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Intrusion Hardcover – March 1, 2012

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Product Details

  • Hardcover: 320 pages
  • Publisher: Orbit; 1ST edition (March 1, 2012)
  • Language: English
  • ISBN-10: 1841499390
  • ISBN-13: 978-1841499390
  • Product Dimensions: 6.3 x 1.3 x 9.4 inches
  • Shipping Weight: 1.5 pounds
  • Average Customer Review: 3.6 out of 5 stars  See all reviews (5 customer reviews)
  • Amazon Best Sellers Rank: #1,013,429 in Books (See Top 100 in Books)

Editorial Reviews


A disturbingly real socialist dystopia GUARDIAN This near-future sci-fi novel could almost be a sequel to George Orwell's 1984 - 2084, perhaps THE SUN Thoughtful, plausible and scary SUNDAY TELEGRAPH Intrusion is a finely-tuned, in-your-face argument of a novel ... MacLeod will push your buttons - and make you think SFX - 4.5 stars A twistedly clever, frighteningly plausible dystopian glimpse Iain M. Banks A haunting, gripping story of resistance, terror, and an all-consuming state that commits its atrocities with the best of intentions Cory Doctorow It's all so close to the bone it's almost painful ... Intrusion is a rather frightening vision of the road we are taking with our smoking bans and our obesity epidemics and our CCTVs BOOKBAG.CO.UK MacLeod creates a frighteningly plausible dystopia INTERZONE

About the Author

Since graduating from Glasgow University in 1976, Ken MacLeod has worked as a computer analyst in Edinburgh. He now writes full time.

More About the Author

Ken MacLeod's SF novels have won the Prometheus Award and the BSFA award, and been shortlisted for the Hugo and Nebula Awards. He lives near Edinburgh, Scotland.

Customer Reviews

3.6 out of 5 stars
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Most Helpful Customer Reviews

15 of 16 people found the following review helpful By Diziet on March 9, 2012
Format: Kindle Edition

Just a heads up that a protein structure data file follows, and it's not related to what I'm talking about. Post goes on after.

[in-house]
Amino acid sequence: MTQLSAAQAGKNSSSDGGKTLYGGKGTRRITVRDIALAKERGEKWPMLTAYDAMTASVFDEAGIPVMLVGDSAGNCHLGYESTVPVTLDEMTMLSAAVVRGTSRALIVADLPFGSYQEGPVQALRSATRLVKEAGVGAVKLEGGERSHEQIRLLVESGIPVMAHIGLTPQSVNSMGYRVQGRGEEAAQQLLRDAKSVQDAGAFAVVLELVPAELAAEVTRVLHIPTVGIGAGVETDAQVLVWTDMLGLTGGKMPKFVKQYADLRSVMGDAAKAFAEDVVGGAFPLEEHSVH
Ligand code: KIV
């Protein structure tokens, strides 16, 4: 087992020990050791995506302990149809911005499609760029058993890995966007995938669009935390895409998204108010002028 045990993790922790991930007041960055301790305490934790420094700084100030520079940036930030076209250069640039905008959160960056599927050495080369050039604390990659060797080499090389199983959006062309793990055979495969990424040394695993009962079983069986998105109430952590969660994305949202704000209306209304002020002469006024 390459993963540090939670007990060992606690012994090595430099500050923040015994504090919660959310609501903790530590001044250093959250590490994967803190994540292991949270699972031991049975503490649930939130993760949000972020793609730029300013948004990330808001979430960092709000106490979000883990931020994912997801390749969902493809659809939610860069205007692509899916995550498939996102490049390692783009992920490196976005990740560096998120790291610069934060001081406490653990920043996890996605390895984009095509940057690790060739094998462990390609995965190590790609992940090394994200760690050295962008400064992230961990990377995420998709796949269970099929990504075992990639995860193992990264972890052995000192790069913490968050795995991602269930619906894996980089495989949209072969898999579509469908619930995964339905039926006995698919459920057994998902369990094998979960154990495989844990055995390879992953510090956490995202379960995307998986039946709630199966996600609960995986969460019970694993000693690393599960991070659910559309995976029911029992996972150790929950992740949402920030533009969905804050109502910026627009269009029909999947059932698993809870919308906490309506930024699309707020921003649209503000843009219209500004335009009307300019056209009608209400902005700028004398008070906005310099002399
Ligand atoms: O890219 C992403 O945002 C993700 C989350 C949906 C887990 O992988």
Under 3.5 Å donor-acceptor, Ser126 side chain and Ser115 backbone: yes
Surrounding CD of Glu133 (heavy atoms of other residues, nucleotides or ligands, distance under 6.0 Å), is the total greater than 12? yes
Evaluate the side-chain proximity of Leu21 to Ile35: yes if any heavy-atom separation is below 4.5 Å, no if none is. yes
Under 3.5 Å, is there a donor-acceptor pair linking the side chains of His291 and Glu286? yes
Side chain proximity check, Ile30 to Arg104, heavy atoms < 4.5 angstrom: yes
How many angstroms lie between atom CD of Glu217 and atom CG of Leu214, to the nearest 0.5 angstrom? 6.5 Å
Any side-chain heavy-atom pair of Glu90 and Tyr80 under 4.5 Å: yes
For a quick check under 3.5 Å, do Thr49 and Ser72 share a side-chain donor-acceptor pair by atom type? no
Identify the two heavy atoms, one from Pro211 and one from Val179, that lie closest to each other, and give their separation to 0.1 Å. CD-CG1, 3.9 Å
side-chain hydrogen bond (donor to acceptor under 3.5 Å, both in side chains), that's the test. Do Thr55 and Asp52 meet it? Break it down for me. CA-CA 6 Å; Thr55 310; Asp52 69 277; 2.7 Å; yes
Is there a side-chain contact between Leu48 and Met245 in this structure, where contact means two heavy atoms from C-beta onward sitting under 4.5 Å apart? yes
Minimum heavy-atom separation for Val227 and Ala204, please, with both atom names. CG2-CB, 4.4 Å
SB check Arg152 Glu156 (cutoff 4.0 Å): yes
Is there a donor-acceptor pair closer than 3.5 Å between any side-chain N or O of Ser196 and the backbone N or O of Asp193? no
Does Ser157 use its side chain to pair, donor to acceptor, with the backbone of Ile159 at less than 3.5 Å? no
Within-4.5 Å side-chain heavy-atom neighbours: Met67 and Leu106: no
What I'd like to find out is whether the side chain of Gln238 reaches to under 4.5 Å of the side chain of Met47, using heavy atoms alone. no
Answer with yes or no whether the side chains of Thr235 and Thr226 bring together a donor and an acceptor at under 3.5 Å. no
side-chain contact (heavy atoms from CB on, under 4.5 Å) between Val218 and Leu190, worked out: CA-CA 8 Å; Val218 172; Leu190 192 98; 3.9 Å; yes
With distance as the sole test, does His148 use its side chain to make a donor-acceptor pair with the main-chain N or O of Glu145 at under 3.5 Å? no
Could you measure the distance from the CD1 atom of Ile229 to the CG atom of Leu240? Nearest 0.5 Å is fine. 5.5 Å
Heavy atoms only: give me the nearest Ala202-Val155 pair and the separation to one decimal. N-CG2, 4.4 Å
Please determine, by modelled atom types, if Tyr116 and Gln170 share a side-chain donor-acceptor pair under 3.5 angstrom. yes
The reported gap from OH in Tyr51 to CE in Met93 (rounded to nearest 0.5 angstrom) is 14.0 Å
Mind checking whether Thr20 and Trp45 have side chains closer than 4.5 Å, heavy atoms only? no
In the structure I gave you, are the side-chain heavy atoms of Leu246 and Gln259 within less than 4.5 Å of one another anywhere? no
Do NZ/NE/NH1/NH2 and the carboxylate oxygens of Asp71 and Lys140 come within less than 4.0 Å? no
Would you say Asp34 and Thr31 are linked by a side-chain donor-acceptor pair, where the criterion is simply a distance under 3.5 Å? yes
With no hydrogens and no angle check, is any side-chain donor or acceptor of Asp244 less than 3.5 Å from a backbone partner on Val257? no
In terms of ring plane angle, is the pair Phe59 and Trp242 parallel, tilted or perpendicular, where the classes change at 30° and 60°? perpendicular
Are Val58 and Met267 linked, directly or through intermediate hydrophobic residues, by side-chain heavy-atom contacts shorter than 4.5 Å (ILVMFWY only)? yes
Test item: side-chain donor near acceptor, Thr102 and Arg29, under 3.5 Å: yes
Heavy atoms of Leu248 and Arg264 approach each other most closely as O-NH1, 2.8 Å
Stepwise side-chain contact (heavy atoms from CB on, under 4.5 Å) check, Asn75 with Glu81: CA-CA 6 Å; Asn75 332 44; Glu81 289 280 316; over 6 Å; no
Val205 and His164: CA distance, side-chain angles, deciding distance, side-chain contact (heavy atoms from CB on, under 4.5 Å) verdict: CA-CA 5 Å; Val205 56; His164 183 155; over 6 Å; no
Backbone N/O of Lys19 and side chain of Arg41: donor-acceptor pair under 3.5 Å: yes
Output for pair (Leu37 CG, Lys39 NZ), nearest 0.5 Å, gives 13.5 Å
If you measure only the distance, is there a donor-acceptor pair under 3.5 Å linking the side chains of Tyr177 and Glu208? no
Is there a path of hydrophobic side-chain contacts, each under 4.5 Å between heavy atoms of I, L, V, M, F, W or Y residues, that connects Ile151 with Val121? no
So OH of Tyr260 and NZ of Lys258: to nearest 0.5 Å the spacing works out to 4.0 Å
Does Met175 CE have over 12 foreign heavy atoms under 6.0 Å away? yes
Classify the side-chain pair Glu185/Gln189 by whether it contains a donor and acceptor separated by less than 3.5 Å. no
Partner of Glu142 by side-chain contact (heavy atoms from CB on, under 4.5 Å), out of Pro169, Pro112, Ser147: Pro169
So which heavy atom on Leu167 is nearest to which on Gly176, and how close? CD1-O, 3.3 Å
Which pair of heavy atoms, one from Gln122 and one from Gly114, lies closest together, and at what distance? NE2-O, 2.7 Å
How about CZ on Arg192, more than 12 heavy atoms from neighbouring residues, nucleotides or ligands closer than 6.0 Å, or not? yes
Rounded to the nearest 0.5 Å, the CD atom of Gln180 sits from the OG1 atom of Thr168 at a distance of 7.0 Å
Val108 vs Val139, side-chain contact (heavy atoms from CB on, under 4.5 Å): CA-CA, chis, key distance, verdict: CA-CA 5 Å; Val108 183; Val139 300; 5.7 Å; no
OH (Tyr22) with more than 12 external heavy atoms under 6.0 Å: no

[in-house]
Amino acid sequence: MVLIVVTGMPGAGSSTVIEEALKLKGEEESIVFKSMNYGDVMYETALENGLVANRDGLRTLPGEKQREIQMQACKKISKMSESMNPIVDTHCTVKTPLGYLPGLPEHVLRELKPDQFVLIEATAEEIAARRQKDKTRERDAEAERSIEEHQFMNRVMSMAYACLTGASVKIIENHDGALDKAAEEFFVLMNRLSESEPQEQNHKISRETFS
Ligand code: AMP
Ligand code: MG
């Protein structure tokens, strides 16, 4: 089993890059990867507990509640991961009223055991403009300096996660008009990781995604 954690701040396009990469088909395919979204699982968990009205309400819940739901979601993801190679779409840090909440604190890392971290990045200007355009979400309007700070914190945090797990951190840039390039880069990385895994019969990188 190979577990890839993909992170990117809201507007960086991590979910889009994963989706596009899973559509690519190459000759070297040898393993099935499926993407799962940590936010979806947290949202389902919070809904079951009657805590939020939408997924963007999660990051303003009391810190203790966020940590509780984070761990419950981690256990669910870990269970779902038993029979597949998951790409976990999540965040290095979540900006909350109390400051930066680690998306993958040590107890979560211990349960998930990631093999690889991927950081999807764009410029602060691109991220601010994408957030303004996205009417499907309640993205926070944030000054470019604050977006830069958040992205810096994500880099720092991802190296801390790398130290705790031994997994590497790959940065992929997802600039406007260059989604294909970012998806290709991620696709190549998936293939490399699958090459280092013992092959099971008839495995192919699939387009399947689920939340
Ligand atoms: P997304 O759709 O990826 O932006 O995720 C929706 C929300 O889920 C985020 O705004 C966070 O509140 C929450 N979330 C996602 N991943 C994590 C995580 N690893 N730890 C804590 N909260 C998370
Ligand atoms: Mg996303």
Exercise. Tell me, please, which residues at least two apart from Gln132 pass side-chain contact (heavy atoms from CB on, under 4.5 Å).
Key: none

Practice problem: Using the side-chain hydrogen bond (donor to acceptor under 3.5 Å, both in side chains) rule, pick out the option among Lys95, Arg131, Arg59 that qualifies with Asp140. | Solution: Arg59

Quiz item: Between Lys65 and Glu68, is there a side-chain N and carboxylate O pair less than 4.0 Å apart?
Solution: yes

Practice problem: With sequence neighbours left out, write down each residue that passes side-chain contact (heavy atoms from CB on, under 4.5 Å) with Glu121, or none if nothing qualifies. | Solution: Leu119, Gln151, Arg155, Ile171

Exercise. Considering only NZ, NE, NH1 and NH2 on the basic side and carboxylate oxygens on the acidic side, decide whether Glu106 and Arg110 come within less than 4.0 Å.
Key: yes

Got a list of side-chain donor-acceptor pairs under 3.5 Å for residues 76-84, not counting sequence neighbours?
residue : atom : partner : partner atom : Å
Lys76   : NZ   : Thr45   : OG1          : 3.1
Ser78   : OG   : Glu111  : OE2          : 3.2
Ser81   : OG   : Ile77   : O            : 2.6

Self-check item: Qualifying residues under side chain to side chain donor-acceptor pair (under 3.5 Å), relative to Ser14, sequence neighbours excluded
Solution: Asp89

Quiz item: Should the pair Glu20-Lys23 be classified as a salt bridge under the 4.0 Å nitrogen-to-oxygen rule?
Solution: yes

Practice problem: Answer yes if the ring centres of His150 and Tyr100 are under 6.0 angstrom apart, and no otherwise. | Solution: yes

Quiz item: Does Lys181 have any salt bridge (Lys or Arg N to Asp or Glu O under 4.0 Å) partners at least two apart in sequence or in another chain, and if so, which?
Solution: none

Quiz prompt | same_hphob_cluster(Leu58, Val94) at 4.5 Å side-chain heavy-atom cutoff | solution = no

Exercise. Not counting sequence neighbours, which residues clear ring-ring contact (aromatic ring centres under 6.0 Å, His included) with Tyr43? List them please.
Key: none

Ken Macleod has portrayed a thoroughly believable near-future dystopia. The central protagonists, Hope and her husband Hugh, along with their first-born, Nick, attempt to navigate this world maintaining an independence that is increasingly compromised 'for their own good'.

It starts with 'the fix'. Hope is pregnant with her second child and, due to a court case involving an atheist Iranian couple, comes under increasing pressure to take a pill that will not only protect her child from many of the common childhood diseases, but will also fix any genetic abnormalities. But Hope does not want to take 'the fix' for reasons that are never really clear, even to herself. It is a matter of choice, but a choice that many, even most, see as a 'no-brainer'. If swallowing a single pill could prevent misery to her child and, by the by, save society a deal of money into the bargain, who in their right minds would say no? But Hope does say no. And she is saying no, not only to a Brave New World, but to a stagnant humanity - good or bad. Are all genetic abnormalities inevitably deleterious? Would not taking such a pill mean that someone else has decided what is 'normal', what is good for society, above the rights of the individual? Of course, some people do opt out. There is an opt out for those with religious convictions - but really they are merely tolerated. And for an atheist to opt out is considered simply bizarre and anti-social.

On top of that, it seems that there is a basic underlying agreement, an unspoken compact between civil society and state authority.
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5 of 6 people found the following review helpful By Keris Nine TOP 1000 REVIEWER on August 28, 2012
Format: Hardcover